What does it mean to us to build beautiful, functional homes?
It means working together.
When I first started working as a project manager in construction I was not very excited about design. I had a typical contractor’s mentality and felt the design process was just a means to an end– the inevitable road to construction. It was tedious and it was time consuming. While I didn’t mind sharing my personal opinions with clients, I didn’t realize at first the impact of the decisions we were making together in the showroom.
One thing I fell in love with about the design process is how much more personal the experience is for our clients (than let’s say the planning or construction phase). Some clients know exactly what they want walking into the project, some have no idea, and everything in between. And no matter where our clients seem to fall on the spectrum, it is my job to guide them to the finish line and make sure that they are absolutely confident and excited about the final design.
It means finding out what we can do to maximize the space you have to fit your needs.
Whether the space is big or small, it is my job to make sure we are thinking of all the possibilities for how it can be used. Now I am certainly not a robot, nor do I have a perfect algorithm for finding the most perfect use of every space. But I am very curious. I want to know, who will be using the space and how? I want to know how I can take wasted space and make it useful. I want to figure out how we can redesign the space together to make it better.
When you live in a space long enough, it can be hard to reimagine it on your own. Growing up in the Richmond District for example, I never gave much thought to the design of our home. Most of my friends lived in old houses that looked exactly the same as mine and it was just normal. With big dreams of renovating the house someday, my mother sometimes expressed her frustration over the smaller things. Sometimes it was the hardwood floors that had been scuffed and blackened after many years of tiny baseball players running around in their muddy cleats, sometimes it was the fact that there was no room for a dishwasher and the sink got clogged every time someone washed a plate, and other times it was the fact that all the windows were 100 year old single pane glass that were not fooling anyone once winter rolled around. But even still I don’t think it once crossed my mind how dysfunctional the space really was until I moved out and started to enjoy the perks of a modern apartment.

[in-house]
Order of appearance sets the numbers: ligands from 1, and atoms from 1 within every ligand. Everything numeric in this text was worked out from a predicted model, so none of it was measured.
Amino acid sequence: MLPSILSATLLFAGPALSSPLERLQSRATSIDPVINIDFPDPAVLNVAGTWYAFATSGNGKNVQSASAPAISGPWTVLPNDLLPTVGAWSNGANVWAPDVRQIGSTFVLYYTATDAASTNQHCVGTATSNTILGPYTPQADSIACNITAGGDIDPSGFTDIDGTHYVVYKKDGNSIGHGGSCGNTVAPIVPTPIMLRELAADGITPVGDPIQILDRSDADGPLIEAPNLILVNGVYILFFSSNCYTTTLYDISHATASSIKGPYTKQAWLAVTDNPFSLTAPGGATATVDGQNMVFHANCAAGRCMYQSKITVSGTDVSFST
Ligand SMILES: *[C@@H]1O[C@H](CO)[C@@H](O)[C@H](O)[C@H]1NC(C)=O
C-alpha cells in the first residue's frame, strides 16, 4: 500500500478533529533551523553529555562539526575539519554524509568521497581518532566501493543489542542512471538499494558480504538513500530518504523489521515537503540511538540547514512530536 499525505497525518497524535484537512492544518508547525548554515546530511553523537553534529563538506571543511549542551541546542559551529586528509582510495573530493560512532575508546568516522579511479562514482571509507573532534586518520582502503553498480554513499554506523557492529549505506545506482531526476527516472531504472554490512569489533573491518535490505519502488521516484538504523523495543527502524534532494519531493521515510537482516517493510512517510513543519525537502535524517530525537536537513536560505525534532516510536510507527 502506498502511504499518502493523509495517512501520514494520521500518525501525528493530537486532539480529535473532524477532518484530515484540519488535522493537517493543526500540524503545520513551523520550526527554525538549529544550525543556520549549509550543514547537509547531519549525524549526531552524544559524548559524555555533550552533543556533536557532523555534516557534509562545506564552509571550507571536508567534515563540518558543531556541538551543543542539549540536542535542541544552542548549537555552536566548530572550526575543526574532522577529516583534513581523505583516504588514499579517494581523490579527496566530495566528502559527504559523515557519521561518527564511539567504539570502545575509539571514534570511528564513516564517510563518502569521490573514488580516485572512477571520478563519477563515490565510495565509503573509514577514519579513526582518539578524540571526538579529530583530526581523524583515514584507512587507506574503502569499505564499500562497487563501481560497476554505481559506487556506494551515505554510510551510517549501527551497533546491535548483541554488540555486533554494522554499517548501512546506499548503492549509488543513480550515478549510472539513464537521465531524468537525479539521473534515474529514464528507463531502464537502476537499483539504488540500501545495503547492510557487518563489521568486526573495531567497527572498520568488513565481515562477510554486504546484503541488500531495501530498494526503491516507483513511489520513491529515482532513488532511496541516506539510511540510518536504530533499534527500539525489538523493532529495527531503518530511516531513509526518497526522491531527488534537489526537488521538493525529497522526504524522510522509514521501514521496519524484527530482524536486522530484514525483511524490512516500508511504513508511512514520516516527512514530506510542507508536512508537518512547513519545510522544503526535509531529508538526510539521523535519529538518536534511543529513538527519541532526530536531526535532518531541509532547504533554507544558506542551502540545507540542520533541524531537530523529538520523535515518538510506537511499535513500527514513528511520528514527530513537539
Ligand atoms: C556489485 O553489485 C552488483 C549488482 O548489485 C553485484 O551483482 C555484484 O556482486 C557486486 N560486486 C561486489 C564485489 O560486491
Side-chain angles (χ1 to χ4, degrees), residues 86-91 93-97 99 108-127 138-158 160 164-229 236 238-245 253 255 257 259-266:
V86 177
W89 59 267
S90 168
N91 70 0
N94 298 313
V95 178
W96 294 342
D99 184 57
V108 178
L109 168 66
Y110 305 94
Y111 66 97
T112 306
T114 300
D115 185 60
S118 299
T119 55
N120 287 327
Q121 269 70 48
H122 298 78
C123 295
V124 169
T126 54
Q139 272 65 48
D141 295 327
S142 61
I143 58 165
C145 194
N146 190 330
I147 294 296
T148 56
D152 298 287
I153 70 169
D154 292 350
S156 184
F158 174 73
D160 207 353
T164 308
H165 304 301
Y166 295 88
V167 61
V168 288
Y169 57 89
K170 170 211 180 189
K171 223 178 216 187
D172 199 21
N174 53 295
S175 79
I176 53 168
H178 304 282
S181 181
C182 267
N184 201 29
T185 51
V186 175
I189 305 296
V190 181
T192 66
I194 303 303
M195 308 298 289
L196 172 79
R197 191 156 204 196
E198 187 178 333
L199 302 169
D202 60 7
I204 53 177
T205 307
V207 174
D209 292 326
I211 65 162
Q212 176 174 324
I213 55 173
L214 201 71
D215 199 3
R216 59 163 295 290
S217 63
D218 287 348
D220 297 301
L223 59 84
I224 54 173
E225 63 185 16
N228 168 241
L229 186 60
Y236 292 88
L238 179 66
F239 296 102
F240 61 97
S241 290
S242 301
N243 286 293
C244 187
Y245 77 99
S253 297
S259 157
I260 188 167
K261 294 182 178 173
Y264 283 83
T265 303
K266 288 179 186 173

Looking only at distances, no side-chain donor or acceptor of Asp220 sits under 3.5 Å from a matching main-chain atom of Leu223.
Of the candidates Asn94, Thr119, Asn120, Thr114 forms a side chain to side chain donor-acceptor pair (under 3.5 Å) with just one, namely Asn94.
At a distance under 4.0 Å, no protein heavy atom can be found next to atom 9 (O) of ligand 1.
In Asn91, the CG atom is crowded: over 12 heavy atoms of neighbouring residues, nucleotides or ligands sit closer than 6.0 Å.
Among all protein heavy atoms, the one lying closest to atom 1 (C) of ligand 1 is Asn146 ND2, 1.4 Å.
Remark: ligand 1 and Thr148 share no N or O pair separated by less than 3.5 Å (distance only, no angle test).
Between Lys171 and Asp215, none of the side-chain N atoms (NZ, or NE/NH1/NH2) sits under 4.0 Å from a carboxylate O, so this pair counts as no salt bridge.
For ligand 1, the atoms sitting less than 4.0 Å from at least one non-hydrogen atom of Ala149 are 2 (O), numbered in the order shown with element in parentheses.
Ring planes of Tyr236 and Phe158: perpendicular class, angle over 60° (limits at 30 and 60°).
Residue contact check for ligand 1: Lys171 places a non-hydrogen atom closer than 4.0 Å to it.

Now looking back I am able to share my experiences to help clients reimagine their own home. What are you cooking in the kitchen? How often? What is in the drawers? Should those pots really be there? Should the utensils really stay where they are? Where can we move things so that it is easier for you to move around? Do you have any idea what joy a lazy susan can bring?… What does your morning routine look like? Do you have kids? Will you have kids? My brother was 6’5” by the time he was 16, do you know what it was like to brush our teeth together over a 24” vanity every morning before school? In all honesty it wasn’t too bad because I think it is just in our nature to make the most of the space we have. Only in retrospect can I say how valuable it would have been to have a second sink, or how much time it would have saved to clean a bathroom with bigger tiles. That is really the wisdom I hope to impart to our clients.
It means making the space feel like home.
We had a client once, Charlotte, who we were utterly convinced was a British spy. She was gone for several months out of the year, with her airline security consulting business taking her all over the globe with very little access to communication. Spy or not, Charlotte had very little opportunities to enjoy time at home so when we remodeled her two bathrooms it was very important we kept some rules in mind when we started shopping for finishes:
- All the colors must be neutral.
- Nothing fancy.
- Did I mention all the colors must be neutral?
While shopping with Charlotte, she was able to identify many finishes she liked– colors that she was drawn to, textures, patterns and shapes she was impressed with. However most of the time her commentary was followed up by an explanation of why it wouldn’t work, and it was really very simple. It was not uncommon for Charlotte to spend only 1 month out of the entire year at home. This time was meant to relax and regroup before her next venture. The colors could not be loud and the patterns could not be too overbearing because the space needed to feel quiet and calm. And in the end the finished product was a beautiful blend of beige, off white, and soft greys.
I’d say that Charlotte is an excellent example of why it is so important to thoughtfully consider the way colors, patterns and textures will interact with each other once they share their new space. For some maybe tranquility is executed with clean, modern, minimal lines; for others perhaps it is a Japanese-inspired combination of warm wood tones and matte black fixtures. It isn’t always easy to know the answer.
Our goal is to create Harmony in your home– synergy between function and aesthetic. We want to give you the same advice we’d give our friends, and we want to give you the patience we’d give to our family if they needed our help. And that’s what it means to us to build beautiful, functional homes– together.